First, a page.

We’d like to present to you, a first hand account of a tour at Samuel Adams in Boston, MA, but our intern Sam K. If you are interested in an internship position with The Full Pint, please follow this link. We encourage people with all types of experience and perspectives to apply. Cheers!
I have twice had the pleasure of attending the Sam Adams brewery tour, and have been thoroughly impressed on both occasions. The tour begins at the nondescript Boston Beer Company location in Jamaica Plain, just outside of Boston proper. If you’re visiting, you can get there on the orange line of the T, Boston’s rail system. As with many popular breweries, try to call ahead to get a feel for how packed the tours are for that day, as it can be very crowded and you may have to wait if you arrive at a peak time. Before the tour begins my group and I waited in the lobby area to get out of the cold, which is covered in information about Sam Adams and some of their awards in glass cases. The whole area is filled with banners hanging from the ceiling with awards their beers have won. The tour guide even pointed out that Sam Adams has an award for “winning the most awards.”
At the appointed time the guide gathered the tour group together and first asked for donations, so be sure to have some cash on hand. All the proceeds from the tours go directly to local charities; a great way to give back to the community. The guide then lead the group into the brewery and over to where the magic happens. The guide explained to us the whole process of making beer, pointing out the mash kettles and fermentation tanks. The Boston brewery is quite small for the output that the Boston Beer Company generates, though they have another brewery operating in Pennsylvania. At this point the guide then leads the group over to another area where he passed around a few jars of malt. You are given the opportunity to smell and taste what I assume is Sam Adams’ two-row pale malt as well as a chocolate malt. The tour guide also passed around some jars of hops and asked us to place some in our hands and rub our hands together. You can get a feel for the resinous quality of the hops from the texture on your hands and the room gets a nice floral odor.
From here, our tour went into the tasting room but not before picking up a small Samuel Adams glass which was used in the tasting. The tasting consists of three beers: Sam Adams’ Boston Lager, Cherry Wheat and a seasonal brew. The first tour I took in the fall had the Oktoberfest, and the winter tour had their Winter Lager. The tour guide passed around pitchers of each beer with which we filled our tasting glasses. The guide explained the four parts of tasting a beer: appearance, aroma, taste and mouthfeel. The Boston Lager was first, and damn was it fresh. I assume most people have tried Sam Adams before, but the Boston Lager is a Vienna-style lager using only reinheitsgebot sanctioned ingredients. The guide explained that they serve the Boston Lager first to demonstrate a medium-bodied, well-balanced beer where you can really taste the sweetness of the malt on the front of your palate and the bitterness of the hops at the back. After came the Cherry Wheat, which has a very strong cherry aroma. The tour guide used the Cherry Wheat to explain how aroma and taste intertwine, as you can take a sip of the Cherry Wheat holding your nose without tasting any cherry, but if you release your nose as you swallow, your palate is overwhelmed with cherry flavor. Lastly, the seasonal beer is a good way to talk up Sam Adams beers and chat with the group about what they think about the beer after their tasting lesson. I loved the Oktoberfest, which is incredibly rich with sweet, roasted malt. The Winter Lager is a little subdued and I didn’t get much of the spice, but it was nice and warming for a cold winter day in Boston.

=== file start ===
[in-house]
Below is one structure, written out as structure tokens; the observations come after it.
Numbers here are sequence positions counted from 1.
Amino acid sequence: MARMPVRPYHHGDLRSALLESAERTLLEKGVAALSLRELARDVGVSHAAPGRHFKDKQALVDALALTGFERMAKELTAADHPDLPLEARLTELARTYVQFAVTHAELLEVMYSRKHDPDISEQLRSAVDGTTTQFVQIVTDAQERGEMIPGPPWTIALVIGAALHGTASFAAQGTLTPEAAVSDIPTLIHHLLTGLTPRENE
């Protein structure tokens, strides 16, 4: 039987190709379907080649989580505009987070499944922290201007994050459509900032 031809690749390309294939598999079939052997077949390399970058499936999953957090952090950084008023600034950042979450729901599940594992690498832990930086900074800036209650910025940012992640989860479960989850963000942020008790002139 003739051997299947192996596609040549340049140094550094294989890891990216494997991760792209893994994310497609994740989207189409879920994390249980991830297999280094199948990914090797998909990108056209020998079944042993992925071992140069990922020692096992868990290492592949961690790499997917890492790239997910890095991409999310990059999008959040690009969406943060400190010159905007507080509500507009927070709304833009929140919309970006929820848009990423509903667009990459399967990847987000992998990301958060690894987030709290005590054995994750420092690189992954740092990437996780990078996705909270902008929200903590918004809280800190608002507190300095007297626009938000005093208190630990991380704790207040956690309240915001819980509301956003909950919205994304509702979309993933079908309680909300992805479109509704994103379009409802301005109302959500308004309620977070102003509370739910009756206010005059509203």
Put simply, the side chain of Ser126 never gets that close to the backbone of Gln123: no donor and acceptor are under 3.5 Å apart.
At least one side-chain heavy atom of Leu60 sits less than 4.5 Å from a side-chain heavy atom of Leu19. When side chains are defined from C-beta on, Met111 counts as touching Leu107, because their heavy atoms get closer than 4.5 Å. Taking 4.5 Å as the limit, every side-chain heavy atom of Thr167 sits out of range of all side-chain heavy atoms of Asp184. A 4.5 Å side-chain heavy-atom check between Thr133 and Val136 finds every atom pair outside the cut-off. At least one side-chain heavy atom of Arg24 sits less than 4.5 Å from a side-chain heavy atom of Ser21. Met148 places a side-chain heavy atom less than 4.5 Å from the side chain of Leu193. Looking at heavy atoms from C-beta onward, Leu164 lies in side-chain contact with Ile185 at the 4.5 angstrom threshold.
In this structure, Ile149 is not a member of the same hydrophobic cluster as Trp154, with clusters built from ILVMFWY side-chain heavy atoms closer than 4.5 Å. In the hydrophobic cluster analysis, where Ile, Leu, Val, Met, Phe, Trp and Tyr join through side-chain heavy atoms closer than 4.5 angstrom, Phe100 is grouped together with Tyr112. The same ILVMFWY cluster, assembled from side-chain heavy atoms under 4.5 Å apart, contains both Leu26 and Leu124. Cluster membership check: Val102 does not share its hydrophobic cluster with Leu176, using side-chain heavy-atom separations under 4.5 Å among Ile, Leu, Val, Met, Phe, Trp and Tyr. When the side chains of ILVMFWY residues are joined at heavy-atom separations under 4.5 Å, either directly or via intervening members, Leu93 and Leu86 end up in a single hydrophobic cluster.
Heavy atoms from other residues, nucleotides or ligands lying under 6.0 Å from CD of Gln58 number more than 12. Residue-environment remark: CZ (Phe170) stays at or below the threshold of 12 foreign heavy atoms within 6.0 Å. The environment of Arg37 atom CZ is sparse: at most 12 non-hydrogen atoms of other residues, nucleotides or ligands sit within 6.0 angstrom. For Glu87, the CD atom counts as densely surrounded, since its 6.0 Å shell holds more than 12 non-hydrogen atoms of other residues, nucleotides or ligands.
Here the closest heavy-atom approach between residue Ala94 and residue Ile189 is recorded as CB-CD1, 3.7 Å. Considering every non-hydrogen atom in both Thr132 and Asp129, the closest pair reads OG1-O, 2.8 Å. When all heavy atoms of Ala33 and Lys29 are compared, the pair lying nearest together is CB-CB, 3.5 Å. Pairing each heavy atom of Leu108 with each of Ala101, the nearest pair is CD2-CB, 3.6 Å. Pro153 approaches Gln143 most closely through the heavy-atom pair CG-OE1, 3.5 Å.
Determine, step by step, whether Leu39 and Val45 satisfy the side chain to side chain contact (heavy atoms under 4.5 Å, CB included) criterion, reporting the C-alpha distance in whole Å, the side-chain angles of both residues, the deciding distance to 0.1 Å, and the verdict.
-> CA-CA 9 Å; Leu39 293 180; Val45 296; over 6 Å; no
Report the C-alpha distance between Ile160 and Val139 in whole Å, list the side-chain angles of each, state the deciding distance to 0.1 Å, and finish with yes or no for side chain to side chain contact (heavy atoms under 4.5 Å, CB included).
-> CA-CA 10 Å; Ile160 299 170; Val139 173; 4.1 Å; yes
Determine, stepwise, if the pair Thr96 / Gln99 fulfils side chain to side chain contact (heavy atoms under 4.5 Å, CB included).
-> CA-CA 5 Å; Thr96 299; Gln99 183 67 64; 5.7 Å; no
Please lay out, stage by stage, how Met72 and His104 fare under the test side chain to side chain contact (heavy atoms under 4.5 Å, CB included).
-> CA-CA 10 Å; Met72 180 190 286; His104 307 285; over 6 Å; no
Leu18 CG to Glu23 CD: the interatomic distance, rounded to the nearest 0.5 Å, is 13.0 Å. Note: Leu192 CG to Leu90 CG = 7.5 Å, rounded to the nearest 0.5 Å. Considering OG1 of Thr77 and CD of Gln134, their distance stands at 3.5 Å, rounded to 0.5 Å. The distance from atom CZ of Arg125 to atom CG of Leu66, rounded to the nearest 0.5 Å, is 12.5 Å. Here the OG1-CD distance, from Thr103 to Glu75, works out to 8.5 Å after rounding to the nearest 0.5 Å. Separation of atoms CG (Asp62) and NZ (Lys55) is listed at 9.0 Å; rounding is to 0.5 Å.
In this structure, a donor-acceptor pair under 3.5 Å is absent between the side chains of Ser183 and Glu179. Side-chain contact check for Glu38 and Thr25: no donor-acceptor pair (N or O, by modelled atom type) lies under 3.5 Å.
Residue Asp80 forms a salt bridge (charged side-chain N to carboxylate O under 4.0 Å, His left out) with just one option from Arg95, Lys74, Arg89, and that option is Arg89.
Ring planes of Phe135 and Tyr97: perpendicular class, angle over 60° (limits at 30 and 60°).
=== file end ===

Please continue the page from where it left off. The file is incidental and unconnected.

The tour guide drank his portion of the beer out of one of Sam Adams’ Perfect Pint glasses which he talked up throughout the tasting. You can buy one in the gift shop, but as the guide pointed out, you can take a trip over to Doyle’s Cafe just a T stop away and order any Sam Adams beer, and with your tour slip you can take the Perfect Pint glass home for free. Strangely though, almost no Sam Adams beer is sold on their premises and they have no bar. You can buy any or all of their Barrel Room Collection beers in the gift shop (American Kriek, Thirteenth Hour Stout and New World Tripel), but otherwise you’ll have to find a store to pick up any of their brew.
Overall, the tour is definitely worth a trip. Though my recapitulation of the tour is more informational, the tour guides are great. Some of the guides’ jokes were reused between the two occasions I toured the brewery, but most of them seem to just be the product of the guides’ sense of humor. There’s not as much of the authentic feel of talking directly to someone who brews the beer or having the chance to sit down and chat, but for a brewery with as many visitors as the Boston Beer Company the tour has to be routine. After the tour my friends and I went over to Doyle’s Cafe and had a pint with some of their house-made clam chowder. It’s all part of the Boston tourism deal, and hey, it’s basically free and you get a souvenir tasting glass with some super fresh Sam Adams beer.